How to Prevent Your Dog From Chewing the Leash

Is your dog chewing the leash? It’s an annoying and potentially dangerous problem, as the leash could unexpectedly break due to damage. Fortunately, there are a few simple measures that can enable you to stop your dog’s habit of leash biting!

For a dog, leash biting is a very rewarding and fun activity! It’s a game of tug, and it’s a common boundary-testing behavior that’s most commonly exhibited by younger dogs and dominant dogs. But when you consider that a dog views the leash as an extension of the owner’s arm, you can see how this behavior is particularly problematic from a behavioral perspective.

When the dog starts chewing and tugging on the leash, it’s likely that he’s in a playful mood. So begin with a timeout. Position the dog’s body between your legs and hold the dog’s collar. This will prevent the dog from rolling around — commonplace behaviors for a playful dog.

At the first opportunity, run the leash down the dog’s back and between your legs to prevent the dog from accessing the lead. Speak soothingly to the dog and make it clear that you’re not playing. If the dog attempts to mouth your hands, arms or feet, discourage this behavior with a sharp “No!” Wait until the dog is calm and then proceed with the walk.

At first, you may spend more time in “time out” than you spend actually walking, but this is typically very temporary. Over time, the dog will learn that leash biting is not an acceptable activity. When you release the tension on the leash, it makes this activity much less rewarding, as you’re no longer engaging in a game of tug.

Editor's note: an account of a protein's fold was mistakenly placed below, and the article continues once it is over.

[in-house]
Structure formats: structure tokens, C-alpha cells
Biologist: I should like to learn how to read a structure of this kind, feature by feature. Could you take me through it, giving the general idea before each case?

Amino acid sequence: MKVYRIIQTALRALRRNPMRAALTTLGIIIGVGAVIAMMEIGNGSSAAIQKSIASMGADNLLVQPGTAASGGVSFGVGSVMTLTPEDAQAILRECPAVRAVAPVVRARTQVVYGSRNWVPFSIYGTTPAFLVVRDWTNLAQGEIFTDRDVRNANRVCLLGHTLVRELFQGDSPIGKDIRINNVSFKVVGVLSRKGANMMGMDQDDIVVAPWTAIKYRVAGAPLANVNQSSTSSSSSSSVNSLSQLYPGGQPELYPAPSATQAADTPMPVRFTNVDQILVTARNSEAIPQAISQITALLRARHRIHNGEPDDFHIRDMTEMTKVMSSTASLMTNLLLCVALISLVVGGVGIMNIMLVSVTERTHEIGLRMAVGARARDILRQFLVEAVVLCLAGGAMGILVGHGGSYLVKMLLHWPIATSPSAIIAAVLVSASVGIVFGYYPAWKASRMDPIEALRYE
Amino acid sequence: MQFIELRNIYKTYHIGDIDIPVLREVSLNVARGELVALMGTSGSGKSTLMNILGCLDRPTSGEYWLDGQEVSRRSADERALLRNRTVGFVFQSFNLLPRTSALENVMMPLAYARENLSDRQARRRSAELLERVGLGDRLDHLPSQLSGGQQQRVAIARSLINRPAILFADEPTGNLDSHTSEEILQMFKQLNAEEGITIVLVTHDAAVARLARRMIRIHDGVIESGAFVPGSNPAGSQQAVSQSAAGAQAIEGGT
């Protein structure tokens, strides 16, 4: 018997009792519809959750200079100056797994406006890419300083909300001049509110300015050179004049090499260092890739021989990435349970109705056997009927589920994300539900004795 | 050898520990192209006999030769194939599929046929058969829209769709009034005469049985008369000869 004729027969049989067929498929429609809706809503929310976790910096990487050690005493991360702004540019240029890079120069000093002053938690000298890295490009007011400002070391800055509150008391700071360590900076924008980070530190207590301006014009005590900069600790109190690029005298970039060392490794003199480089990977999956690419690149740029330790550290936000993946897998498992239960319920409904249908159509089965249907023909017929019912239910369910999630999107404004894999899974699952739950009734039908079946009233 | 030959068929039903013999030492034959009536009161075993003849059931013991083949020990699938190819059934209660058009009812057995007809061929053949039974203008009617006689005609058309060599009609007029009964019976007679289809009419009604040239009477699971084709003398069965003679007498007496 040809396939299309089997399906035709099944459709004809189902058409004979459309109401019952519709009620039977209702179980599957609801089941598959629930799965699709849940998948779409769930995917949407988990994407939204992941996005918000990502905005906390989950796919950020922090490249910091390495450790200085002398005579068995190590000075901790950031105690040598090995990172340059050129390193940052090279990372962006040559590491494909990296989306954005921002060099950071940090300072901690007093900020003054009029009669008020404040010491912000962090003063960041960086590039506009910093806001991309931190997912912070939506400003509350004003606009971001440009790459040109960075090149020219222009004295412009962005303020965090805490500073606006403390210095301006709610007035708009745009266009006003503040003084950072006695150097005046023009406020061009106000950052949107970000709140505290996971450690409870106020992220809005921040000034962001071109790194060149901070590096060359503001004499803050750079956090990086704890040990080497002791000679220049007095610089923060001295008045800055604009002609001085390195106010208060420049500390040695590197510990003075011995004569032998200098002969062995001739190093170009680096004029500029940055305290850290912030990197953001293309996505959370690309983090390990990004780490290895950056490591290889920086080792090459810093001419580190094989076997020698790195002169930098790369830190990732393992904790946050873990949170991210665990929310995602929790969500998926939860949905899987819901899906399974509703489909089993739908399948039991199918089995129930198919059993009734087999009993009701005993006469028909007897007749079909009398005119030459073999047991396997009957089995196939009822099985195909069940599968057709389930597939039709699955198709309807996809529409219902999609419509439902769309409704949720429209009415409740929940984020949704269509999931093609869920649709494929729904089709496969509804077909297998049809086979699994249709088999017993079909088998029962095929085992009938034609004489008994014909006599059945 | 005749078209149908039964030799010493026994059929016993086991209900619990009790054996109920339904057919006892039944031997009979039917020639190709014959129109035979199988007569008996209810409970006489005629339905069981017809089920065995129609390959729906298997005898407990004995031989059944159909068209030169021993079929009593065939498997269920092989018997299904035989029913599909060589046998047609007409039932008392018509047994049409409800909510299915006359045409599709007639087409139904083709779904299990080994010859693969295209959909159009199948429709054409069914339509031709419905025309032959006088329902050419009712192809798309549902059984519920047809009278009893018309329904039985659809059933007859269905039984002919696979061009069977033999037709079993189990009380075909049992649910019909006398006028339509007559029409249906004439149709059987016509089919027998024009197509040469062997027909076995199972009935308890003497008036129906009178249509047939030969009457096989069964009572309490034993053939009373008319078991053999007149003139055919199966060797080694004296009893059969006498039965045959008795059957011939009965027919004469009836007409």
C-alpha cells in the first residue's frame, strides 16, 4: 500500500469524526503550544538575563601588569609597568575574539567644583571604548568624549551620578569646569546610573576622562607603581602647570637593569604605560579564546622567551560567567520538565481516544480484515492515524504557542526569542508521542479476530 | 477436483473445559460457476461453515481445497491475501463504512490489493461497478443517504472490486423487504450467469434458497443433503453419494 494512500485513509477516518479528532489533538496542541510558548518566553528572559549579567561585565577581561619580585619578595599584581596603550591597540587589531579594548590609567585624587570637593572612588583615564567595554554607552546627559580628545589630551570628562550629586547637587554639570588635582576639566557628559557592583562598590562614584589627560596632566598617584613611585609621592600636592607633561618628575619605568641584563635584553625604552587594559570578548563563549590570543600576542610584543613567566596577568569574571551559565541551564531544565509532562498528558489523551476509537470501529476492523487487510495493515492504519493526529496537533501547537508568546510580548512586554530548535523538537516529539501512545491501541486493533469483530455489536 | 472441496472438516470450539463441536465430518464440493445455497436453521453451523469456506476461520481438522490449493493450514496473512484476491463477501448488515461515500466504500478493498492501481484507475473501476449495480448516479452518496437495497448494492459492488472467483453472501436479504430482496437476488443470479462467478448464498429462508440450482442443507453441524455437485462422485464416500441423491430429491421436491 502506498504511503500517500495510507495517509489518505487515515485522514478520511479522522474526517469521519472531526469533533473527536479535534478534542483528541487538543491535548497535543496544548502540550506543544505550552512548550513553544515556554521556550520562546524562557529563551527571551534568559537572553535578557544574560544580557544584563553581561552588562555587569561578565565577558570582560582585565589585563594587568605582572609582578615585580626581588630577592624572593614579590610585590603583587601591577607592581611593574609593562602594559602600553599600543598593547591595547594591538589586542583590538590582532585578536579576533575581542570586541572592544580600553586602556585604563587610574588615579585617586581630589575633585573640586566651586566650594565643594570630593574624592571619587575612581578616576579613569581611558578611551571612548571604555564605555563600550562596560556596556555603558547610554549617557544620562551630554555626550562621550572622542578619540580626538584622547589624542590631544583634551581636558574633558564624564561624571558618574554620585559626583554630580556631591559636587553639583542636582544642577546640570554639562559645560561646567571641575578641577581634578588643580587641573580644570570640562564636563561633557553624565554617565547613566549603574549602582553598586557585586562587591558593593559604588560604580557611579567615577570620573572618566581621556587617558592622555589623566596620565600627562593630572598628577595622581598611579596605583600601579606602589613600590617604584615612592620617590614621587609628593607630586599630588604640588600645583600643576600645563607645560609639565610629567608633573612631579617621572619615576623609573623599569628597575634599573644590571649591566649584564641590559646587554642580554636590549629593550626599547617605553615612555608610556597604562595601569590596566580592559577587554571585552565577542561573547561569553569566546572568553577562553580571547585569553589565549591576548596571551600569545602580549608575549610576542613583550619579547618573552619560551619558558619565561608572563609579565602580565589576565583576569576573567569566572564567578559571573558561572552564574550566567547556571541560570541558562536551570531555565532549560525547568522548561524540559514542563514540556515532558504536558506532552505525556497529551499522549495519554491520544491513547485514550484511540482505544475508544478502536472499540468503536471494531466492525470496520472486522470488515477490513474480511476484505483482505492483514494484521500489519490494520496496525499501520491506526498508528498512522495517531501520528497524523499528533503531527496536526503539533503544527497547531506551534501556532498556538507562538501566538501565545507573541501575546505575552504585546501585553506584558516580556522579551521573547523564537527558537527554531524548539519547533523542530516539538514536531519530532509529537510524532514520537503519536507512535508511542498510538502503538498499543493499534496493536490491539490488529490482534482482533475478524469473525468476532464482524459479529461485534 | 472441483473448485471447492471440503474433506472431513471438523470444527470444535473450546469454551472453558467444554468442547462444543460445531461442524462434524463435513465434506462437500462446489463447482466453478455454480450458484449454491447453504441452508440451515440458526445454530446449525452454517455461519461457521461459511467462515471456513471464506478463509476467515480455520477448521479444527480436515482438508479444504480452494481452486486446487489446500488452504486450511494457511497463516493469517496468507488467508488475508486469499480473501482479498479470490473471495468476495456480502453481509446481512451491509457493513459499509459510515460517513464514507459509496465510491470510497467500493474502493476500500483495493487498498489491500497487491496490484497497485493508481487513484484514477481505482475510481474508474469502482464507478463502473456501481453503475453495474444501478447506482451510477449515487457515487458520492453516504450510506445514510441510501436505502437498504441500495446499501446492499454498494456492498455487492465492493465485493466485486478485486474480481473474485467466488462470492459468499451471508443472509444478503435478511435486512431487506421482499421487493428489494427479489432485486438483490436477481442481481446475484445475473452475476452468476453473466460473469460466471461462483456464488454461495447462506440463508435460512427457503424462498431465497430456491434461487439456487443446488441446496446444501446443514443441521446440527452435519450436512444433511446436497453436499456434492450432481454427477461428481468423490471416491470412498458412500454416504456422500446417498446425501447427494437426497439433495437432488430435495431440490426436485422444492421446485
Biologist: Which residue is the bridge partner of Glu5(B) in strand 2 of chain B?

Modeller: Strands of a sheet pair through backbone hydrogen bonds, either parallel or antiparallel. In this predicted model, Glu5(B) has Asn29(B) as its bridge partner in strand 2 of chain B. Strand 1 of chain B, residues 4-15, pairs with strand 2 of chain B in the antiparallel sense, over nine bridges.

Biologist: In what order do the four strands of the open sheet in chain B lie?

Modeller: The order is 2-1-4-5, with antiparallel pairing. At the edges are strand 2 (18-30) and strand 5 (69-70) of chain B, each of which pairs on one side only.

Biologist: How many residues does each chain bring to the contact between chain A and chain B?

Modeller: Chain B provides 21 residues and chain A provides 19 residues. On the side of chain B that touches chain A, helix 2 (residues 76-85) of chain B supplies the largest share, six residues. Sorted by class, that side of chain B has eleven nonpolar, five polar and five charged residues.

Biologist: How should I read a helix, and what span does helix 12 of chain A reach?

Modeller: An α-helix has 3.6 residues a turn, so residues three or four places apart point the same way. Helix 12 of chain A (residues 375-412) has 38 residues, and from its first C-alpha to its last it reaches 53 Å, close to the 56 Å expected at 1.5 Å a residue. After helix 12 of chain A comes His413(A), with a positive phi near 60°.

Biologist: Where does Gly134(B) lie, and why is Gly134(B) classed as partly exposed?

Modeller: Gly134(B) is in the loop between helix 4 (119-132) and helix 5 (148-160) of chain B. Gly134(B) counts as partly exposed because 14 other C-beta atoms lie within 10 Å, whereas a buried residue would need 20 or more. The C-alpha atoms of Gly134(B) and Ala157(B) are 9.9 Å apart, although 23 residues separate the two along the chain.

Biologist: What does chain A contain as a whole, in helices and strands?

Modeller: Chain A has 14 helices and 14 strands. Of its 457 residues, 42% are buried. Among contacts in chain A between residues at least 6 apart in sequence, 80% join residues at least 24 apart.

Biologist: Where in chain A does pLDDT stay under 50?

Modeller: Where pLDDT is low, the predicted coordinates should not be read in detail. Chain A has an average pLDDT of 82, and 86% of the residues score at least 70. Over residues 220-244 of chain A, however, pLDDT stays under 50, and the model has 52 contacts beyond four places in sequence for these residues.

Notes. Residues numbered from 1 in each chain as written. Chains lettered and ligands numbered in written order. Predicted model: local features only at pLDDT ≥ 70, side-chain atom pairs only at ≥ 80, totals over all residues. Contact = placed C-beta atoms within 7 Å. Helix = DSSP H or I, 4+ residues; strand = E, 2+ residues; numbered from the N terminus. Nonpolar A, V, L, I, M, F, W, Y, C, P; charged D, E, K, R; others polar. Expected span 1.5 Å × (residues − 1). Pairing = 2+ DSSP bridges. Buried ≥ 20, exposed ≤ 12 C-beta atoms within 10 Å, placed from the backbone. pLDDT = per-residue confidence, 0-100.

Another alternative: try using a chain lead. Most dogs really dislike the sensation of the chain, so they will not bite it. If your dog still attempts to bite the chain leash, immediately switch to a different lead, as chewing the chain can result in broken teeth.

Bitter apple spray and hot sauce can also be effective leash-biting deterrents. But if you opt to try one of these deterrents, be sure to bring along a dog water bottle with a fold-out cup. Your dog will need a drink of water after biting the bitter apple spray or hot sauce.

If all else fails, consult a professional dog trainer. If these measures fail to deter leash biting, it’s likely that your dog is exhibiting other potentially serious behaviors like dominance. Serious of deeply-engrained behavioral issues are best remedied with the help of a professional dog trainer.

For more pet training tips, visit the PetLvr archives.

Photo Source: Tim Rogers Photo,

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Mia Carter is a professional journalist and animal lover. Her furry family members include 6 dogs and 12 cats. She is also a feral cat colony caretaker. Carter specializes in pet training and special needs pet care. All of her animals have special needs such as paralysis, blindness, deafness and FIV, just to name a few. She also serves as a pet foster parent and she actively rehabilitates and rescues local strays and feral kittens.

2 Responses

  1. Cathy F
    | Reply

    Mia, This is a great article on How to prevent your dog from chewing on the leash. My niece has this very issue with her Yellow Lab. I will be giving her this information so she can work on it with her dog.
    Thanks for this information.

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